Exploiting the Poor: Bureaucratic Corruption and Poverty in Africa

Afrobarometer Working Paper No. 139

33 Pages Posted: 30 Oct 2012

See all articles by Mogens K. Justesen

Mogens K. Justesen

Copenhagen Business School

Christian Bjørnskov

Aarhus University - Department of Economics and Business; Research Institute of Industrial Economics (IFN); Center for Political Studies; Institute for Corruption Studies

Date Written: October 29, 2012

Abstract

Corruption is a major source of slow development in Africa – the poorest region of the world. While extant research has focused on the causes and consequences of corruption at the macro-level, less effort has been devoted to understanding the micro-foundation of corruption, as well as the mechanisms through which poverty may be related to corruption and bribery. In this paper, we develop a simple model of the relationship between poverty and corruption. The model suggests that poor people are more likely to be victims of corrupt behavior by street-level government bureaucrats. Poor people often rely heavily on services provided by governments and are therefore more likely to be met by demands for bribes in return for obtaining those services. We test this proposition using micro-level survey data from the Afrobarometer. Since individuals are surveyed in different countries, we use multilevel regressions to estimate the effect of poverty on people’s experience with paying bribes. The results show that poor people are indeed much more prone to pay bribes to government officials. This suggests that the people who are worst off materially are also more likely to be victims of corruption.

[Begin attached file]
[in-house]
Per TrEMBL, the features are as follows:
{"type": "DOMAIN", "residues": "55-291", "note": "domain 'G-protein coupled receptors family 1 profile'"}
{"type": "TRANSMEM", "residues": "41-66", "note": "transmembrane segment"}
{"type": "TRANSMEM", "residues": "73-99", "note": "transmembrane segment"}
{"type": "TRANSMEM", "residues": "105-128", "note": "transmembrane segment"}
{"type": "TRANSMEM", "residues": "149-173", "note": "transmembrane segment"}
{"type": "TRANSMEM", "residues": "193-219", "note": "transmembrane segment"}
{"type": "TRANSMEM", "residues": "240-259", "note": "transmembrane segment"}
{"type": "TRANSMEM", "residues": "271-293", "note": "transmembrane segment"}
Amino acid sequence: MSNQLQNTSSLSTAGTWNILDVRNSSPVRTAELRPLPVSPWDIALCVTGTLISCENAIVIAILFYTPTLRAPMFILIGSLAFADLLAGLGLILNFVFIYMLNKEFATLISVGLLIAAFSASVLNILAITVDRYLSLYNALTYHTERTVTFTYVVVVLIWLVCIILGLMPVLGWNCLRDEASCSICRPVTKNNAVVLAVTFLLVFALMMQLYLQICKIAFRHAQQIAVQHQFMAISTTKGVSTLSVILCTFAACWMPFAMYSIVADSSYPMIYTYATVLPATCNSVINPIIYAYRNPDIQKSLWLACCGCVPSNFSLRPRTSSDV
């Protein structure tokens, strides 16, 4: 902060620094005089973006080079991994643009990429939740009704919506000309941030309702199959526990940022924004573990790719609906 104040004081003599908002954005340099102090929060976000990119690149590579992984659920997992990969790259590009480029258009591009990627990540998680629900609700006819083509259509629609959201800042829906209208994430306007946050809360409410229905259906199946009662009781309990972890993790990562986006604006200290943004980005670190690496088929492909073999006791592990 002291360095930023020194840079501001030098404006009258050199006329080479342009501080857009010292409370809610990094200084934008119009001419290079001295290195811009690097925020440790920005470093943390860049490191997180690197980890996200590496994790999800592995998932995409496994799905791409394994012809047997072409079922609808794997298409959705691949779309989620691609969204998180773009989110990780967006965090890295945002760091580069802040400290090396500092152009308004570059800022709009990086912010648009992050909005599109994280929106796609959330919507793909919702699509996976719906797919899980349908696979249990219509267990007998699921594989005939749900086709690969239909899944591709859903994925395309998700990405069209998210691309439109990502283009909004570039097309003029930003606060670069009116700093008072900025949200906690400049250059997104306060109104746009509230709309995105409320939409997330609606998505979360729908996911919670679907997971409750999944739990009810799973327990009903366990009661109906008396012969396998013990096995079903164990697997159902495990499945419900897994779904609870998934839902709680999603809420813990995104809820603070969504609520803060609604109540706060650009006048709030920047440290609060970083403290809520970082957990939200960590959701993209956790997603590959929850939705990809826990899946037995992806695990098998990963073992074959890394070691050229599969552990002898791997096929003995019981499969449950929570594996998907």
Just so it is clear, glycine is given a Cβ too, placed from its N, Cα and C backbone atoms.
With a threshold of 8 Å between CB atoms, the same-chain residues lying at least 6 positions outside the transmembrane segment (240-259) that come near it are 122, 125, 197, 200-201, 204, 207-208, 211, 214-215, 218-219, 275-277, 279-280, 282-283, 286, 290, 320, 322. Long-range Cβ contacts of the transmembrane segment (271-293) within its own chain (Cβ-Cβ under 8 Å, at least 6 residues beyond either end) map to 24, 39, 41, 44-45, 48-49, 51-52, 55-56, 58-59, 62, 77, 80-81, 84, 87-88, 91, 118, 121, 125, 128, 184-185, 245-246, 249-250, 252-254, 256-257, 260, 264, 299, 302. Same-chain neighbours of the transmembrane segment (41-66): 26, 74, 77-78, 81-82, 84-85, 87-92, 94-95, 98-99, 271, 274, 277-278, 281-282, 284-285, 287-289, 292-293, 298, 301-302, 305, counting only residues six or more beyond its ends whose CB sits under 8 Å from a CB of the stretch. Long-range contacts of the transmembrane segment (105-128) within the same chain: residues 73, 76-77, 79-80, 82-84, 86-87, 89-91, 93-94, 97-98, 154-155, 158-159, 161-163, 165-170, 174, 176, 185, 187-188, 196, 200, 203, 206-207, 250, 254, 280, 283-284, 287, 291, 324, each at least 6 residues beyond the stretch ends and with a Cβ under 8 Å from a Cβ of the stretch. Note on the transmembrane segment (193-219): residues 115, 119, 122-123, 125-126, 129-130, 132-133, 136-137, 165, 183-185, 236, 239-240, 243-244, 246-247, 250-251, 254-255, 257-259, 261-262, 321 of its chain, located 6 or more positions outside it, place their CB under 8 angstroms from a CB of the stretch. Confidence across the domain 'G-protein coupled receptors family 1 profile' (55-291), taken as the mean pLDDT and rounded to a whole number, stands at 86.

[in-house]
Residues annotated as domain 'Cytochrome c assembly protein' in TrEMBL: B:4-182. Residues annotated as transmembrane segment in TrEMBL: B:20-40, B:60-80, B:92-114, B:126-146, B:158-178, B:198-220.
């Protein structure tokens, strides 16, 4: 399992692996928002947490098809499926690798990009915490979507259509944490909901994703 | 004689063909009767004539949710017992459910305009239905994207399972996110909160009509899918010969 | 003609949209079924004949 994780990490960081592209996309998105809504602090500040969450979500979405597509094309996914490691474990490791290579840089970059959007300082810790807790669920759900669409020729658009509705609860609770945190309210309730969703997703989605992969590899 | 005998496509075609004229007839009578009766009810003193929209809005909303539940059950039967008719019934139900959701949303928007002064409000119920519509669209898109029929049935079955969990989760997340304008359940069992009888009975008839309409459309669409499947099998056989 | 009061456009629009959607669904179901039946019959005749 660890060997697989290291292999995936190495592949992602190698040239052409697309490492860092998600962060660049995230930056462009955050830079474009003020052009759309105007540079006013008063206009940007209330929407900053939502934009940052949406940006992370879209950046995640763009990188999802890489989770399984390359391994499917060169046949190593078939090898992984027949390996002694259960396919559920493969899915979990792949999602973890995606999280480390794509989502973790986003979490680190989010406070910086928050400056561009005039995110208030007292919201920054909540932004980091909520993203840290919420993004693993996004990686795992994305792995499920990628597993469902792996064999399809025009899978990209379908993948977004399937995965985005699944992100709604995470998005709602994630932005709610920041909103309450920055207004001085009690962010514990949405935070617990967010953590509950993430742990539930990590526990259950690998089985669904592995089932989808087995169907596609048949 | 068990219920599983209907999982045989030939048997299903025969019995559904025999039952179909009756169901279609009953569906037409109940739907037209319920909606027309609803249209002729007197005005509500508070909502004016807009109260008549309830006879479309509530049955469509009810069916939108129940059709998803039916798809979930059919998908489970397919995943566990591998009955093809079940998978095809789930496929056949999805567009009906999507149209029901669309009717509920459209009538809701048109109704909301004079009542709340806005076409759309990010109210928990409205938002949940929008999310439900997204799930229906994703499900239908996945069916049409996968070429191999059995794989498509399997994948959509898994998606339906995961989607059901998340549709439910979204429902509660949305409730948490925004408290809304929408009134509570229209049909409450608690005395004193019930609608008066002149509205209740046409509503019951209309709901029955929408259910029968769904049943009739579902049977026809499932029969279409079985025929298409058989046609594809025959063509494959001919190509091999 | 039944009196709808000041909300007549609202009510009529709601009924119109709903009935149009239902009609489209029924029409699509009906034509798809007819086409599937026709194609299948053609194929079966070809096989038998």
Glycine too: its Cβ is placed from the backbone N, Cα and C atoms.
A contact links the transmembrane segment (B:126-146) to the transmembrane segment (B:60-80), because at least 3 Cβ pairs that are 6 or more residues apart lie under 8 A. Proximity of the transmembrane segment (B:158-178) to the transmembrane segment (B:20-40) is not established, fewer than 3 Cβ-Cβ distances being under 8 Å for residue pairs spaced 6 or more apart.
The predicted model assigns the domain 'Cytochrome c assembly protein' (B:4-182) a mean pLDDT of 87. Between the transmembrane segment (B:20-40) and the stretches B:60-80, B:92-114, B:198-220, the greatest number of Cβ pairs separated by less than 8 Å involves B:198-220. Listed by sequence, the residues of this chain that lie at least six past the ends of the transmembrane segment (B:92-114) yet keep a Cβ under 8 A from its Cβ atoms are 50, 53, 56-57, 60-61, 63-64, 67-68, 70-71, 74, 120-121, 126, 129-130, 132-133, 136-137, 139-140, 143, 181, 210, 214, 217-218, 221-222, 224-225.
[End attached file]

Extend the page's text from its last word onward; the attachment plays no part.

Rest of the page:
Keywords: bribery, corruption, poverty, Africa, political economy

JEL Classification: D73, H1, K4, P16

Suggested Citation

Justesen, Mogens K. and Bjørnskov, Christian, Exploiting the Poor: Bureaucratic Corruption and Poverty in Africa (October 29, 2012). Afrobarometer Working Paper No. 139, Available at SSRN: https://ssrn.com/abstract=2168119 or http://dx.doi.org/10.2139/ssrn.2168119

Mogens K. Justesen (Contact Author)

Copenhagen Business School ( email )

Department of Business and Politics
Porcelænshaven 1
Frederiksberg C, DK - 2000
Denmark

Christian Bjørnskov

Aarhus University - Department of Economics and Business ( email )

Fuglesangs Allé 4
Aarhus V, DK-8210
Denmark

Research Institute of Industrial Economics (IFN) ( email )

Box 55665
Grevgatan 34, 2nd floor
Stockholm, SE-102 15
Sweden

Center for Political Studies

Landgreven 3
Copenhagen K, DK-1301
Denmark

Institute for Corruption Studies

Stevenson Hall 425
Normal, IL 61790-4200
United States

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